The team at CommonSpace give an update of their work and highlights of the week
Angela Haggerty, editor @AngelaHaggerty
As ever, it's been a busy week on CommonSpace. Having relaunched the site recently, we're still having issues with a few tech bugs, and, in particular, our social media sharing buttons haven't been working properly. It's turned out to be tricky to fix, so I've been working with the web team a lot to try and get these issues resolved.
We've also moved into fundraising mode this week. Our parent company, Common Weal, launched a big fundraising push so I've been putting together some materials for CommonSpace and taking a look back at some of our big successes. One thing I'm particularly proud of is how much we're helping the next generation of journalists coming through. Not only are we trying to build a better media in the current climate with the values that are important to you, our readers and funders, but we're potentially helping spread those values to the young men and women who might be driving our media forward in the future. People often don't see how far their donations actually go, and I really hope this inspires people to donate to Common Weal. Just £5 a month really makes a big difference to us: it helps offer security for all our staff and allows us to plan and think ahead. Please donate if you can and help us achieve even more at CommonSpace.
Also this week I had a meeting with freedom of expression organisation Scottish PEN. We've worked closely with PEN in the past and we're now a partner in its campaign for reform of outdated defamation laws. Current laws make it a lot easier for rich people and corporations to silence small media outlets like ourselves with legal threats. Reform could strengthen our position, so we think it's really important as a new media in Scotland to play a role in how these big changes are shaped.
Also this week I’ve been working with the reporting team on developing our content plan for the upcoming EU membership referendum – we have lots to come so watch this space!
Michael Gray, reporter @GrayInGlasgow
I spent Wednesday 25 May reporting from the private landowning conference in Edinburgh.
Given the variety of CommonSpace reports on land reform, this was an opportunity to investigate the private estates that have such a powerful influence on Scotland’s economy and society.
It was an opportunity to speak to tax advisors, lawyers, and the variety of interest groups that surround private property wealth.
While the lobbyists and event organisers were keen to stress that they wanted to move away from an image as "arrogant dinosaurs", there remained a clear tension between wealthy private landowners - who have consistently been opposed to land reform - and the views of the government, which is critical of the concentration of land ownership.
One conference attendee remarked that private landowners felt "unloved" in the political climate. Roseanna Cunningham, speaking for the Scottish government, insisted that the journey of land reform is set to continue.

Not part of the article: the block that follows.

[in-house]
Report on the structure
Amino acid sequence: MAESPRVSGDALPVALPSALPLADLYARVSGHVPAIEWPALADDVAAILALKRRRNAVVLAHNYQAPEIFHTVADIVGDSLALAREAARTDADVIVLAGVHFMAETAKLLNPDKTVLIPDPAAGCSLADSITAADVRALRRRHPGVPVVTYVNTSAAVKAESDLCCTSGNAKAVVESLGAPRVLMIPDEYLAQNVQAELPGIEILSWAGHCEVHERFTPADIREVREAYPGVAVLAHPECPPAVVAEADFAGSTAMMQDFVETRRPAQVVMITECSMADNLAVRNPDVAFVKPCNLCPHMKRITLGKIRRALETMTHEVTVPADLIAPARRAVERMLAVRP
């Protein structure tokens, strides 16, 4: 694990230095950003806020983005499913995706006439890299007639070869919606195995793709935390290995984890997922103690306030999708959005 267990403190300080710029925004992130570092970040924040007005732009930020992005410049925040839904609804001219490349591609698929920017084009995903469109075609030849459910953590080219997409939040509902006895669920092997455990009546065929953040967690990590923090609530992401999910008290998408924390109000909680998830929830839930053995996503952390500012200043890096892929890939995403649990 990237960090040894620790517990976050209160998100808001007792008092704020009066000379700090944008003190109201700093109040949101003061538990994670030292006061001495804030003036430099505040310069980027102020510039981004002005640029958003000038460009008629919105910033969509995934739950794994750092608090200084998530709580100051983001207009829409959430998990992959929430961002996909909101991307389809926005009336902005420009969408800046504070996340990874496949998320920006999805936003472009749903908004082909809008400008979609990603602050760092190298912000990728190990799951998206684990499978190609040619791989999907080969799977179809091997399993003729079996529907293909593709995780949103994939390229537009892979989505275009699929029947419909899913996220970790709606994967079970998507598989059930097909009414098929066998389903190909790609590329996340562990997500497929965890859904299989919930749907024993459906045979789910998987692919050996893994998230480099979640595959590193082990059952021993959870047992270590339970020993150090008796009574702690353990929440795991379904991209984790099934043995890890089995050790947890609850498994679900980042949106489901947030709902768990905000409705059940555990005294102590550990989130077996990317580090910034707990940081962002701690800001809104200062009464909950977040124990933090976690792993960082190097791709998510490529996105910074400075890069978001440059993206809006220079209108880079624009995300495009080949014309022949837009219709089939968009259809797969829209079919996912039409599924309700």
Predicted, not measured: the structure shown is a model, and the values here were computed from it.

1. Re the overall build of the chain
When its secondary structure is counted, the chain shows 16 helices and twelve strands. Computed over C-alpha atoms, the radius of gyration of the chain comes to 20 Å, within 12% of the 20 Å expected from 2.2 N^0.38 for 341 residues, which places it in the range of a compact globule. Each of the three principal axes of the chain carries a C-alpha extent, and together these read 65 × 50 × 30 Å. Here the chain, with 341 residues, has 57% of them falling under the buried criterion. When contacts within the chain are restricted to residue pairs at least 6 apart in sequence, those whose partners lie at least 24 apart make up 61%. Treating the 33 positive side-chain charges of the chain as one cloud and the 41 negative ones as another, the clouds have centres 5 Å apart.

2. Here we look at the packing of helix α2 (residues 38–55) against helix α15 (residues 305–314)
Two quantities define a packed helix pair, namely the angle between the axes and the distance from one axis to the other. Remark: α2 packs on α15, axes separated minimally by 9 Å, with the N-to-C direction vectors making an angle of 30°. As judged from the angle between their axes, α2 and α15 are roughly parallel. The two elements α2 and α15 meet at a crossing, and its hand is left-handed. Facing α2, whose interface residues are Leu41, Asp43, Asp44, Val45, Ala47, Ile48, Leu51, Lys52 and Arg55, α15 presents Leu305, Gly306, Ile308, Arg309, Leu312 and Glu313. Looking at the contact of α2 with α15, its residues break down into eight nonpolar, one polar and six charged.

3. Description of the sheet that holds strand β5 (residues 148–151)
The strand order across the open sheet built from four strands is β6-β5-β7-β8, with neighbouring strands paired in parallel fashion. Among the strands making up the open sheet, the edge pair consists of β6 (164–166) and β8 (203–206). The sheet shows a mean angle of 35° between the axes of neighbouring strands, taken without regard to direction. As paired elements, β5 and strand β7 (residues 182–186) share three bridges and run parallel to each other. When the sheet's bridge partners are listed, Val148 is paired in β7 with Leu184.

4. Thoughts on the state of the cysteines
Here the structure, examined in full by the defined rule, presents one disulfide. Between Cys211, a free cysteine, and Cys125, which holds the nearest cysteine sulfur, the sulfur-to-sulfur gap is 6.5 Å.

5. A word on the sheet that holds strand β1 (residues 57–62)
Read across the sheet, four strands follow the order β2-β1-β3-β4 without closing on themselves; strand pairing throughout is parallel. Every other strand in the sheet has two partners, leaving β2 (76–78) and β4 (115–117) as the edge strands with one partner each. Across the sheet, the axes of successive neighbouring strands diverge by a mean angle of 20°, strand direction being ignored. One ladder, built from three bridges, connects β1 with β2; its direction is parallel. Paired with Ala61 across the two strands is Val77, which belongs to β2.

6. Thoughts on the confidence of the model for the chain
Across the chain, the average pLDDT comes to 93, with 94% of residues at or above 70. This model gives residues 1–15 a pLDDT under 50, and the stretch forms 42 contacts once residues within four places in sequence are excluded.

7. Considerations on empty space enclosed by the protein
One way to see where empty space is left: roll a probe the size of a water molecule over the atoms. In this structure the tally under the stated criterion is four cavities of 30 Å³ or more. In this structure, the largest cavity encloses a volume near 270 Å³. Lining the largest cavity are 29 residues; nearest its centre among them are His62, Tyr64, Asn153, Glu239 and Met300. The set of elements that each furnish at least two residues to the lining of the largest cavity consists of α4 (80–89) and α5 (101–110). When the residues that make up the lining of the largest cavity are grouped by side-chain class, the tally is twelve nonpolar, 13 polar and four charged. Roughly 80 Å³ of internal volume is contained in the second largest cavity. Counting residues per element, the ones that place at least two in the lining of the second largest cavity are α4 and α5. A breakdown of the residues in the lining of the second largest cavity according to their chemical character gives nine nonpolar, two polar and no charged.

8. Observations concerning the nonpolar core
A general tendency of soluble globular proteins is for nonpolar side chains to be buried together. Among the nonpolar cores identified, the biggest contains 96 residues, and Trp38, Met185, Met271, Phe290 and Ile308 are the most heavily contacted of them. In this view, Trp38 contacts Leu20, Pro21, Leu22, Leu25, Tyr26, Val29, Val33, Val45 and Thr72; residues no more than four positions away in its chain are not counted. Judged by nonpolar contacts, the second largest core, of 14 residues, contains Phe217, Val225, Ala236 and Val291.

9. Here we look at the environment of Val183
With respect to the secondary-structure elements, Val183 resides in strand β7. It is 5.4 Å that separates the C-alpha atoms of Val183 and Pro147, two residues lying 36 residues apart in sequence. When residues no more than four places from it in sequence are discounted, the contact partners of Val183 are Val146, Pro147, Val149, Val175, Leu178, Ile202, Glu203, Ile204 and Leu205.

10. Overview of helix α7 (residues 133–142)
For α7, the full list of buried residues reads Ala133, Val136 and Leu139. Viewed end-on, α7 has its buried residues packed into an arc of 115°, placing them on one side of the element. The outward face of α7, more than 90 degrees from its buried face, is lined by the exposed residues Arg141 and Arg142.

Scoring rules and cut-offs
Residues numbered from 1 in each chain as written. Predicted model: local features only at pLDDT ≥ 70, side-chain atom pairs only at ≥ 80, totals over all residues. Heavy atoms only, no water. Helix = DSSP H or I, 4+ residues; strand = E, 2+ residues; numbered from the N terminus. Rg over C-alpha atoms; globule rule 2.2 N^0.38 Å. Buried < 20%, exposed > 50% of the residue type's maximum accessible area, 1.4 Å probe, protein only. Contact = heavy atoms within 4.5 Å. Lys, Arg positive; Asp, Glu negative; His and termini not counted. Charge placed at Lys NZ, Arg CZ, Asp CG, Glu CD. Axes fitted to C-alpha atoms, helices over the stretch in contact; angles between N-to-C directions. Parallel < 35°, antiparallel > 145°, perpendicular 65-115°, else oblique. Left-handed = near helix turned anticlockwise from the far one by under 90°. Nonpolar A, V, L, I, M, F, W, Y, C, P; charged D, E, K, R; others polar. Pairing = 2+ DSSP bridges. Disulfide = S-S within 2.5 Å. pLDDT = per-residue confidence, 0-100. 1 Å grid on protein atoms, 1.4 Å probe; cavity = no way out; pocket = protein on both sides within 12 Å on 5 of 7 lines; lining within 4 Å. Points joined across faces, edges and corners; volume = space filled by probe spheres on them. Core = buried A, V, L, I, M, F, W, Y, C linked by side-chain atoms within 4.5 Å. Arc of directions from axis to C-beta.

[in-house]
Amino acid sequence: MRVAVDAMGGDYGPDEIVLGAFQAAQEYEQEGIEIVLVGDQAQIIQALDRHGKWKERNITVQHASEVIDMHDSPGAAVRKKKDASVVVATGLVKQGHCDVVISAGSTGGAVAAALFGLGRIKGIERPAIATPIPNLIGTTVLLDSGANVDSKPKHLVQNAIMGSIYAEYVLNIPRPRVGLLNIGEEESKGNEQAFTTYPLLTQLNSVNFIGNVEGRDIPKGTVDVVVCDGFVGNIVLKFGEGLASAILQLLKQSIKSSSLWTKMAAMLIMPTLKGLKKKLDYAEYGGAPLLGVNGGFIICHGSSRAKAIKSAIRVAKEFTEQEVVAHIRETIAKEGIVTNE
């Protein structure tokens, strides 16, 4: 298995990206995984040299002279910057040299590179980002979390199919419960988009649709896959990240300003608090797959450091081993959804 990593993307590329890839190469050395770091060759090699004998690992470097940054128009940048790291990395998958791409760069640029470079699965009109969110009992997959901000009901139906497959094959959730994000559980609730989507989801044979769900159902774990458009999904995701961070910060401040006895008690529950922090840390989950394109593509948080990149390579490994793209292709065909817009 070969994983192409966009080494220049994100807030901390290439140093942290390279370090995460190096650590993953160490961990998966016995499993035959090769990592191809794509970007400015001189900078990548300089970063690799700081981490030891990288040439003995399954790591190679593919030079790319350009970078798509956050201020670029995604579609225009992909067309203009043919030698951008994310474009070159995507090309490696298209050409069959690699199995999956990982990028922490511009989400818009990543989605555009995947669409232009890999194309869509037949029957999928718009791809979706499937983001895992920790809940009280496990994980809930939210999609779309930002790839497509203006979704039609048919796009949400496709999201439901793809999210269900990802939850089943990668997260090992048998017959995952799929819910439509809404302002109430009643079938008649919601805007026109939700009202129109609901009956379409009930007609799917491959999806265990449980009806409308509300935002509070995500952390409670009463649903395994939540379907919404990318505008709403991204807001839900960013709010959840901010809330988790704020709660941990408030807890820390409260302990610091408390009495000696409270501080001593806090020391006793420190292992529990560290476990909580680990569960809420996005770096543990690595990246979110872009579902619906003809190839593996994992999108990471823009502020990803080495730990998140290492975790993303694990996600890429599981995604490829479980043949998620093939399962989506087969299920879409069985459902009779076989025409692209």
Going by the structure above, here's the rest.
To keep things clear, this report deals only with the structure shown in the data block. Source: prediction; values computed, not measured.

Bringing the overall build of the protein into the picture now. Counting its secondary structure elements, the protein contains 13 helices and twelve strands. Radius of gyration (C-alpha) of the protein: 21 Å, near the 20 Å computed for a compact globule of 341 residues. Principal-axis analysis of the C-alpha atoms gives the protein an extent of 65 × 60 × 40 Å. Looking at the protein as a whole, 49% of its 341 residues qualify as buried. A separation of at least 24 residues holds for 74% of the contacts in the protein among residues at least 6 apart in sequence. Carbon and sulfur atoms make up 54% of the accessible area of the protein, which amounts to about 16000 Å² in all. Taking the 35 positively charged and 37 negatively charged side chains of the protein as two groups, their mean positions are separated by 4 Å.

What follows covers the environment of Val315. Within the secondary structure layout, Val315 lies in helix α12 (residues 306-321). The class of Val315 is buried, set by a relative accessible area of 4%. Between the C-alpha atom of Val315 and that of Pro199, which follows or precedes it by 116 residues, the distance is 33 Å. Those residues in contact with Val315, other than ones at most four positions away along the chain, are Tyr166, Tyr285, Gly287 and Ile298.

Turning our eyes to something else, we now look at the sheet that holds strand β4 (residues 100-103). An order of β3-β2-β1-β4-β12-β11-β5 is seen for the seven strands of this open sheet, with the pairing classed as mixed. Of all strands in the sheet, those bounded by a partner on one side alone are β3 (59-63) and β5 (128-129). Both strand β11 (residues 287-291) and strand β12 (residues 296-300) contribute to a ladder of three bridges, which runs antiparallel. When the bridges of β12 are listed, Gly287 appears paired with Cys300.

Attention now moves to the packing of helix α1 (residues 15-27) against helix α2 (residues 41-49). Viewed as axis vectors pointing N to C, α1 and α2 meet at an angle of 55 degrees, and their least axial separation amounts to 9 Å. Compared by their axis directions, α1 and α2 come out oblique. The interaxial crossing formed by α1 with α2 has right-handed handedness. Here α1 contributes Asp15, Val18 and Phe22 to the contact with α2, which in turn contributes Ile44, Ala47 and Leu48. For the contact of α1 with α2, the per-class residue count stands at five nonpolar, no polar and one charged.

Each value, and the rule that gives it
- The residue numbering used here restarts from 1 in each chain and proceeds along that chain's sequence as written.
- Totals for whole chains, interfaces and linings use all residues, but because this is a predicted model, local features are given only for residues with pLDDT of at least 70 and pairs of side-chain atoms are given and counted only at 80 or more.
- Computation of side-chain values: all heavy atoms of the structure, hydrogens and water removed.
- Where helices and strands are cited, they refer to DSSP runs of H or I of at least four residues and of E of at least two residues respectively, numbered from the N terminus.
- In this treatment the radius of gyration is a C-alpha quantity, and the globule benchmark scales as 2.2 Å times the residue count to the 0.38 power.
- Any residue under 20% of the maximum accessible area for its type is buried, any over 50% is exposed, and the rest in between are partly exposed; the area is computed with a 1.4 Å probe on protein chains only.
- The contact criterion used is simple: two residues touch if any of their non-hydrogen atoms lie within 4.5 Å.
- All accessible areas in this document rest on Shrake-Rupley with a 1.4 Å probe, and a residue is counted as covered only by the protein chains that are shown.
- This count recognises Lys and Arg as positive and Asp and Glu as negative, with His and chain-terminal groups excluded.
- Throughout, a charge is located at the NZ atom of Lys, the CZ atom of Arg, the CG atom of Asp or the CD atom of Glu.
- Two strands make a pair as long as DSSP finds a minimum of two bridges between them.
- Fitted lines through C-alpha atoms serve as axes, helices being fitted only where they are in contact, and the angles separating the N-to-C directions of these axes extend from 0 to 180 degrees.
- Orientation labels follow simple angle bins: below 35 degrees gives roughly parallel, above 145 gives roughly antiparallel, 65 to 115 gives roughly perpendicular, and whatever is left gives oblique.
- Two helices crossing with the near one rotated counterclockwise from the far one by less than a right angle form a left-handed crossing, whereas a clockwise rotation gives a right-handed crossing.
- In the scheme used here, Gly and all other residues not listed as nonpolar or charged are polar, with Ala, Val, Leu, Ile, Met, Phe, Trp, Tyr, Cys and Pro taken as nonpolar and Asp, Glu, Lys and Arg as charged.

Jen Stout, reporter @jm_stout
I was away in Russia for a couple of weeks, so this week I’ve been catching up on news and politics - hoping for some more interesting debate on the upcoming EU referendum, but it doesn’t seem forthcoming. So I’ve been thinking about the angles that really interest me - CAP payments, fishing, climate change ... there’s a lot of shouting back and forth about these issues, in terms of whether EU membership helps or hinders - so I’m pleased that the next few weeks offer a chance to get into the facts and find out what those involved in these issues think.
Other than rounding up the news and running our social media, I’ve been looking into a series of events over the last few weeks involving asylum seekers in Glasgow. We’ve covered these issues several times - those seeking asylum in Glasgow endure the threat of eviction, deportation, unlimited detention, and destitution - and it can be difficult to get a response from the various government bodies involved, whether that be the Home Office, or our police force.
It can also be difficult for those in the asylum system to go 'on the record' to tell you about what’s happening to them, as they’re often scared that this will jeopardise their asylum application. But the case of LGBT asylum seeker Beverly Kanjii back in March showed that despite the rhetoric of the Scottish Government, its police force frequently works with Home Office and immigration officials in the dawn raids and detention of asylum seekers, and in this case broke up a blockade at Brand Street in Glasgow to enable her removal to England.
The Scottish Government’s latest line on this to me was that "Police Scotland is nothing to do with us". We’ll keep looking into this next week.
David Jamieson, reporter @David_Jamieson7
Unfortunately David’s been off sick most of this week – get well soon David!
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